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1.C.47 The Insect/Fungal Defensin (Insect/Fungal Defensin) Family

Many insect (arthropod) defensins have been sequenced and shown to form ion channels in artificial membranes. Their precursor proteins are secreted and digested to the active peptides that can be bacterocidal and toxic to specific eukaryotic cells (Kourie and Shorthouse, 2000).

The defensins with a conserved cysteine-stabilized alpha-helix and beta-sheet (CSαβ) structural motif are a group of unique antimicrobial polypeptides widely distributed in plants and animals. One defensin-like peptide (DLP), with high degrees of sequence and structural similarity to defensins from ancient arthropods and molluscs, has been identified in a saprophytic fungus (Mygind et al., 2005). This poses an important question regarding the evolutionary relationships of this class of effectors of innate immunity in three eukaryotic kingdoms.

Zhu (2008) reported the computational identification of six families of fungal DLPs in which three known defensin types (antibacterial ancient invertebrate-type defensins (AITDs), antibacterial classical insect-type defensins (CITDs), and antifungal plant/insect-type defensins (PITDs)) were clearly assigned. Sharing of these defensin types between animals and fungi supported their closer evolutionary relationship, consistent with the Opisthokonta Hypothesis. Conservation of the PITDs across three eukaryotic kingdoms suggests an earlier origin (Zhu, 2008).

Shafee et al. 2016 have suggested that defensins and small defensin-like proteins fall into two superfamilies, which they call the cis-defensins (broadly distributed in living organisms) and the trans-defensins (narrowly distrubuted).  They suggest that these two groups of proteins converged to show similar sequences, secondary and tertiary structures, and disulfide connectivities, with overlapping organismal sources and functions, in spite of their independent origins.  The functions of these short proteins vary tremendously including pore formation, bacterial and fungal toxicity, lipid targeting, toxic receptor and channel interactions, fertilization, protease inhibiton and stress adaptation.  However, as noted by the authors, alternative pathways involving divergent evolution from a common evolutionary source could have also occurred although they consider this possibility less likely (Shafee et al. 2017).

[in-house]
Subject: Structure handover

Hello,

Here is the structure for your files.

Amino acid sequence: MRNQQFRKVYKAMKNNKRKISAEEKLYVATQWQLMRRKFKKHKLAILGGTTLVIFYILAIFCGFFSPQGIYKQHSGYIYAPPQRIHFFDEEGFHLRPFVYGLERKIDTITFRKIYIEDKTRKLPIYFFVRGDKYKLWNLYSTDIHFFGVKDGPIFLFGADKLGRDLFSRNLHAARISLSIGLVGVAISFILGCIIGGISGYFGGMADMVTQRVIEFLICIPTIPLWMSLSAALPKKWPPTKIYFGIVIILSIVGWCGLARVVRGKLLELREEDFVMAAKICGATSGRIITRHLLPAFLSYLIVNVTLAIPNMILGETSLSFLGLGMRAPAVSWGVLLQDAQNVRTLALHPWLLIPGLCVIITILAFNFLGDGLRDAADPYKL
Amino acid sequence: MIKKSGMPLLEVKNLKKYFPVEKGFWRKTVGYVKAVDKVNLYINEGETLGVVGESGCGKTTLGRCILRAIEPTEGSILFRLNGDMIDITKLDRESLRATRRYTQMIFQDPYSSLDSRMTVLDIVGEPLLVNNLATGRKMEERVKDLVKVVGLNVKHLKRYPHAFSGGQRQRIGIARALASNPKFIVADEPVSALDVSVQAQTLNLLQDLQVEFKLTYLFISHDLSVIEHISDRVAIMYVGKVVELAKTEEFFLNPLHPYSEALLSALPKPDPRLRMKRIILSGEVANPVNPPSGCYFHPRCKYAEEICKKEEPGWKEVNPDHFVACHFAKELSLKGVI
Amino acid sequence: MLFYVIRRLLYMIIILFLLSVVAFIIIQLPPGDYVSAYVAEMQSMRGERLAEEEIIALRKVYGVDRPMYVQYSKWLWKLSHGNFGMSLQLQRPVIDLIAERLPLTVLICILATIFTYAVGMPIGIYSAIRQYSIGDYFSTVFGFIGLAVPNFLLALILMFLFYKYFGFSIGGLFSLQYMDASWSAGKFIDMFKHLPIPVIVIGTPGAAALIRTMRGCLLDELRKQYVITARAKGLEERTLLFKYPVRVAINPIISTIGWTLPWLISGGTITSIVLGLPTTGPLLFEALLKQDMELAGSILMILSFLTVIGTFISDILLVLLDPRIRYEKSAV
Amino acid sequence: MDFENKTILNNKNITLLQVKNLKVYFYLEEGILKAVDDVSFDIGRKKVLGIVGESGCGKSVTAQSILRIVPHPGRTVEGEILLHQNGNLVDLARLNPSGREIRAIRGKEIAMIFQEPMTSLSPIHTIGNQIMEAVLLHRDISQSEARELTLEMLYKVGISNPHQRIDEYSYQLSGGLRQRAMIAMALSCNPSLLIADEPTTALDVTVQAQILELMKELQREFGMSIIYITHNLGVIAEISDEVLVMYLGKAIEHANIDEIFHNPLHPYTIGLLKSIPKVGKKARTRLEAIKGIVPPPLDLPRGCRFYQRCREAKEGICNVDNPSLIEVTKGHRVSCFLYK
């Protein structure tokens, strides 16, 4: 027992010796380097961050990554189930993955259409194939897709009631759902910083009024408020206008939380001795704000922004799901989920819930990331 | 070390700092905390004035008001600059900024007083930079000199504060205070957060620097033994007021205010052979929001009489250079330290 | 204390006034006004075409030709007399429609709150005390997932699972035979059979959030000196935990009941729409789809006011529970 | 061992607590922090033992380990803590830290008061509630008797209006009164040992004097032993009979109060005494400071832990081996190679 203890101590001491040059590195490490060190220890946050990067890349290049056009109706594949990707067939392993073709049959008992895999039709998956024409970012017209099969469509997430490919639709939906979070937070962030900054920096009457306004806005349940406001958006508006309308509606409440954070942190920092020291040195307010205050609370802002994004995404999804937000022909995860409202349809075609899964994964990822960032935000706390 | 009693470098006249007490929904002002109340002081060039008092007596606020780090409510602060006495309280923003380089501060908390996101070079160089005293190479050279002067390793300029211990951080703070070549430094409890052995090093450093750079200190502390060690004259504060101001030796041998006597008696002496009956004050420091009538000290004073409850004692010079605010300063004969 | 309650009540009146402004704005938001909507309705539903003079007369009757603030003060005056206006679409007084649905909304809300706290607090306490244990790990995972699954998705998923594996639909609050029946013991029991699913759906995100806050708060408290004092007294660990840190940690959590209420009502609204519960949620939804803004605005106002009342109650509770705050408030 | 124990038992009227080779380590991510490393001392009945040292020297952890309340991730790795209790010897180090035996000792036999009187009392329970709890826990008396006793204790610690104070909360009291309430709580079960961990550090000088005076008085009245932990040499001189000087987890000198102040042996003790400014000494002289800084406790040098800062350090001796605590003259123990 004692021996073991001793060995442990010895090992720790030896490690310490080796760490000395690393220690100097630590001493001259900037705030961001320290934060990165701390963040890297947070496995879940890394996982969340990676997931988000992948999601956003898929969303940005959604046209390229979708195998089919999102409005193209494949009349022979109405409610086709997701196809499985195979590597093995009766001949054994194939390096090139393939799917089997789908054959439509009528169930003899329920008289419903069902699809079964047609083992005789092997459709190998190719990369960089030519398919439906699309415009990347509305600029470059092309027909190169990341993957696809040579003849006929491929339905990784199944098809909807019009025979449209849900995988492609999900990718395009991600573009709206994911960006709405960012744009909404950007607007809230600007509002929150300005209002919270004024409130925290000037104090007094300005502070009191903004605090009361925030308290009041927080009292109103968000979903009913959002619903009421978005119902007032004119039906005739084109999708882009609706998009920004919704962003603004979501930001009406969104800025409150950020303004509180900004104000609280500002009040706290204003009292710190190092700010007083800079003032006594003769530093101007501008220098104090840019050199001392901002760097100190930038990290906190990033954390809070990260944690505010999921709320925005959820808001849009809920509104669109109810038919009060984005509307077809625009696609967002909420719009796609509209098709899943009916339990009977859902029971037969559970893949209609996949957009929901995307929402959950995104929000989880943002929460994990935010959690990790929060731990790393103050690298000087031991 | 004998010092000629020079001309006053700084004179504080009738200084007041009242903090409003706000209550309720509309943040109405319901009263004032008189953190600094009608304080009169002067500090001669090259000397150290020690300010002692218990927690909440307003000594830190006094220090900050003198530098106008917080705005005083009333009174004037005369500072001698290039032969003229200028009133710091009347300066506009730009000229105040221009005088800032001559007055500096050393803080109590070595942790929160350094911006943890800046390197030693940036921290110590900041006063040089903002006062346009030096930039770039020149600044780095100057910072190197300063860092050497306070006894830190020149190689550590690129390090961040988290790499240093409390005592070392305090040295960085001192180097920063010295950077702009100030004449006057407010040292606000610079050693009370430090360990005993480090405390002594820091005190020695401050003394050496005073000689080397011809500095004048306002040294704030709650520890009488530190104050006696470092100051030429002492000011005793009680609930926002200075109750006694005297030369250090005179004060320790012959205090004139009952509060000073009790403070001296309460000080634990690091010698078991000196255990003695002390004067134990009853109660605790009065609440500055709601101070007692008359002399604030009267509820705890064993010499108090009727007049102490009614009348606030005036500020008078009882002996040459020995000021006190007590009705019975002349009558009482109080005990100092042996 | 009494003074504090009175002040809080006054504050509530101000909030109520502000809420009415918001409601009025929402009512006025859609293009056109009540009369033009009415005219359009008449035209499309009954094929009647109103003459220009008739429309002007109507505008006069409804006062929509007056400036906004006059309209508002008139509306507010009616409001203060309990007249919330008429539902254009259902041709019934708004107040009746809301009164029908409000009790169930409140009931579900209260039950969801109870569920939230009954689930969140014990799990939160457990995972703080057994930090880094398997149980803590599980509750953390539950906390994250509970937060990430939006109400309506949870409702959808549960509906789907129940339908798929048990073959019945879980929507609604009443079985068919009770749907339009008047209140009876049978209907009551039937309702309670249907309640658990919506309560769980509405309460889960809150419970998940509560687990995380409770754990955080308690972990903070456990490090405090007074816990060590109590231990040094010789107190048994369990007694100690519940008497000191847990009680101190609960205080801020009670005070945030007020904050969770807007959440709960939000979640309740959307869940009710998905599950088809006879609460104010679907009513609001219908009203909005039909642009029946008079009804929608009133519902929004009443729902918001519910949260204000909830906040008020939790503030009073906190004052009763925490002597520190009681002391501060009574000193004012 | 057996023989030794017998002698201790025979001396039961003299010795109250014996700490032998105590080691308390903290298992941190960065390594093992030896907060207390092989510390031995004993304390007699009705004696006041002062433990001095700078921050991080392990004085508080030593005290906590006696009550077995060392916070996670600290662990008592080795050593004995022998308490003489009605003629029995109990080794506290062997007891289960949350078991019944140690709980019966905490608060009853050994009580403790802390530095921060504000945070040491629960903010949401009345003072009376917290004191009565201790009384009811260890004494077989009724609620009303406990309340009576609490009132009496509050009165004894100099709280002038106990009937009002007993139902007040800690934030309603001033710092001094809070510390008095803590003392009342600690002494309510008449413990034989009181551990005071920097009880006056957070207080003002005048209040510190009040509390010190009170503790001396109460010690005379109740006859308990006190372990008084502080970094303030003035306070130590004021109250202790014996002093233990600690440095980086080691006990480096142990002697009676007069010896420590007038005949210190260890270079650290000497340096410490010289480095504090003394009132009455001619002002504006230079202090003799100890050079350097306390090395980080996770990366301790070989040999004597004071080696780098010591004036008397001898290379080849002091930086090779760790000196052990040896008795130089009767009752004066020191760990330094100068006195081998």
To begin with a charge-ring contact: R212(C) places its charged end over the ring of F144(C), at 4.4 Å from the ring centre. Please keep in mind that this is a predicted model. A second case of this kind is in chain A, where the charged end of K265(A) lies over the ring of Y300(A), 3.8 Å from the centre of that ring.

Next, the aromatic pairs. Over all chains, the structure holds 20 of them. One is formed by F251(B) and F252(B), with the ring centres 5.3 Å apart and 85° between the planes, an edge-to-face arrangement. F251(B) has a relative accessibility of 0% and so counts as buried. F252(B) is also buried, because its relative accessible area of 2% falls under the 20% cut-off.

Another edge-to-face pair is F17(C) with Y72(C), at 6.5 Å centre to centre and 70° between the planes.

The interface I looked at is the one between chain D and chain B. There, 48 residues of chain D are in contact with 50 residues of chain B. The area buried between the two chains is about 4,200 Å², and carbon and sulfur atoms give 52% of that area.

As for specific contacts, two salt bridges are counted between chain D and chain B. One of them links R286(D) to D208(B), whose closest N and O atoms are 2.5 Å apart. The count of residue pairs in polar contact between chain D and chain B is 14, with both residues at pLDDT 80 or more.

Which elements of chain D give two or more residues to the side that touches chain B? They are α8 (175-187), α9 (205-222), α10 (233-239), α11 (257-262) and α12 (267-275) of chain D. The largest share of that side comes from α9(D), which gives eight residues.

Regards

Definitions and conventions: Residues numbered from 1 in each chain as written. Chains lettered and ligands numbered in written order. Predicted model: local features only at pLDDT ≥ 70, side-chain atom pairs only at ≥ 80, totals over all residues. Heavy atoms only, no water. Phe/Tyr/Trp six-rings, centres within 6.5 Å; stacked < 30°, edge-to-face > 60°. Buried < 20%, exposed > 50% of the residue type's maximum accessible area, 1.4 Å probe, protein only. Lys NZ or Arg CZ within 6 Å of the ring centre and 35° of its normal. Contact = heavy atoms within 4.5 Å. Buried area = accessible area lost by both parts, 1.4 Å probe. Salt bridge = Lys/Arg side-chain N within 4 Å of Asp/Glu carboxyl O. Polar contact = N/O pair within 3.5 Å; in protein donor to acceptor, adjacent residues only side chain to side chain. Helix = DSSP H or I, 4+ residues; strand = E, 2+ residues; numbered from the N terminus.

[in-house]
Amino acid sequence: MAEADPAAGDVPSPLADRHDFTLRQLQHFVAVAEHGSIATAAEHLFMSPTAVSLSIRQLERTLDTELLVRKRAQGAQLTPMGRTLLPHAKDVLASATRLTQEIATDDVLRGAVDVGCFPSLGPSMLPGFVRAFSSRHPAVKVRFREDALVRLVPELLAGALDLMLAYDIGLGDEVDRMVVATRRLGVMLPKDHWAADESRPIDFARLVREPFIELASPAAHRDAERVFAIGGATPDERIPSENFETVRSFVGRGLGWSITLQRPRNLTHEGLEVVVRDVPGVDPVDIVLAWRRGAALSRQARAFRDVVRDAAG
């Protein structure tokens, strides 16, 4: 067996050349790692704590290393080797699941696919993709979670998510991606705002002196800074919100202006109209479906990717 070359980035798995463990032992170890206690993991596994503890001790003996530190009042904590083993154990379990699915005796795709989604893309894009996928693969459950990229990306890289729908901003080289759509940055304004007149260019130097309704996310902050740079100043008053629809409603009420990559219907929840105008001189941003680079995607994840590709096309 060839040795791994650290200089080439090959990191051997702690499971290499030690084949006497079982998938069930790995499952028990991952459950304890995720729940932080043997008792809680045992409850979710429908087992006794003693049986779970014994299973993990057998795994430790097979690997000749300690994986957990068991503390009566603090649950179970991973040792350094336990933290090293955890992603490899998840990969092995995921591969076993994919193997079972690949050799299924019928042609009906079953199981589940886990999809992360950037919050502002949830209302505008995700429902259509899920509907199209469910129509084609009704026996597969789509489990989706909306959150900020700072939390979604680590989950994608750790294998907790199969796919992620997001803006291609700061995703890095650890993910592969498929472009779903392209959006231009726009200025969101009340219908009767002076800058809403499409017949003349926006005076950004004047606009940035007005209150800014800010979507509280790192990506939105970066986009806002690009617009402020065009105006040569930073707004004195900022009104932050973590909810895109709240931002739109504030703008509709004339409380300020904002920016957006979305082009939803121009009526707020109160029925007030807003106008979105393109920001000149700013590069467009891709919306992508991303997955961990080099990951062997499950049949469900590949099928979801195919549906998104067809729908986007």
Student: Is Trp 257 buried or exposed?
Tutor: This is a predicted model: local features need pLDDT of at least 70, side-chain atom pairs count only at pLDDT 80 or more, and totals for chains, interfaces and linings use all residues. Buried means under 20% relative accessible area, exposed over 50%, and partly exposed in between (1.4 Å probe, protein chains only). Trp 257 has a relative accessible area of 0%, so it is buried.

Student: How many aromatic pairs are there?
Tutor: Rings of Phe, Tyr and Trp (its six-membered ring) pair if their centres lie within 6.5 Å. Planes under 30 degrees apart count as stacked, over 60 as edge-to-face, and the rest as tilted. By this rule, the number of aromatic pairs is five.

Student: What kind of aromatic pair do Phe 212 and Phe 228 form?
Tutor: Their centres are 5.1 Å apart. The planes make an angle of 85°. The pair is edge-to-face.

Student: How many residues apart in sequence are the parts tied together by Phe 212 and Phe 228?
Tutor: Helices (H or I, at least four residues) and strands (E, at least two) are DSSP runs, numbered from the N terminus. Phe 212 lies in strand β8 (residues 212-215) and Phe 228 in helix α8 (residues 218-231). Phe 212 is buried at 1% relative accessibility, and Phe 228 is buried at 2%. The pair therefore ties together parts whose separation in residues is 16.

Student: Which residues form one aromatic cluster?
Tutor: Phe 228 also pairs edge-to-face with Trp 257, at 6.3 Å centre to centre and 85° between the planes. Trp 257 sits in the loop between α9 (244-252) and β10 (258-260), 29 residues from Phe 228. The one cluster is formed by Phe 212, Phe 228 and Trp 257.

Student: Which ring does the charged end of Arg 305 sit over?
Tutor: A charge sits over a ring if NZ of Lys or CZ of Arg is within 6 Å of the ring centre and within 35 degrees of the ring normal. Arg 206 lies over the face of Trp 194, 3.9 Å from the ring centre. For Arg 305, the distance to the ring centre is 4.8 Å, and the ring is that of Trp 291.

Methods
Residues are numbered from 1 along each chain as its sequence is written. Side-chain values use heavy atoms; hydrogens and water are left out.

The generalized transport reaction catalyzed by defensins is:

ions and small molecules (in) ions and small molecules (out)

This family belongs to the: Defensin Superfamily.

References associated with 1.C.47 family:

Charlet, M., S. Chernysh, H. Philippe, C. Hetru, J.A. Hoffmann, and P. Bulet. (1996). Innate immunity. Isolation of several cysteine-rich antimicrobial peptides from the blood of a mollusc, Mytilus edulis. J. Biol. Chem. 271: 21808-21813. 8702979
Kourie, J.I. and A.A. Shorthouse (2000). Properties of cytotoxic peptide-formed ion channels. Am. J. Physiol. Cell Physiol. 278: C1063-C1087. 10837335
Mygind, P.H., R.L. Fischer, K.M. Schnorr, M.T. Hansen, C.P. Sönksen, S. Ludvigsen, D. Raventós, S. Buskov, B. Christensen, L. De Maria, O. Taboureau, D. Yaver, S.G. Elvig-Jørgensen, M.V. Sørensen, B.E. Christensen, S. Kjaerulff, N. Frimodt-Moller, R.I. Lehrer, M. Zasloff, and H.H. Kristensen. (2005). Plectasin is a peptide antibiotic with therapeutic potential from a saprophytic fungus. Nature 437: 975-980. 16222292
Shafee, T.M., F.T. Lay, M.D. Hulett, and M.A. Anderson. (2016). The Defensins Consist of Two Independent, Convergent Protein Superfamilies. Mol Biol Evol 33: 2345-2356. 27297472
Shafee, T.M., F.T. Lay, T.K. Phan, M.A. Anderson, and M.D. Hulett. (2017). Convergent evolution of defensin sequence, structure and function. Cell Mol Life Sci 74: 663-682. 27557668
Zhu, S. (2008). Discovery of six families of fungal defensin-like peptides provides insights into origin and evolution of the CSalphabeta defensins. Mol Immunol 45: 828-838. 17675235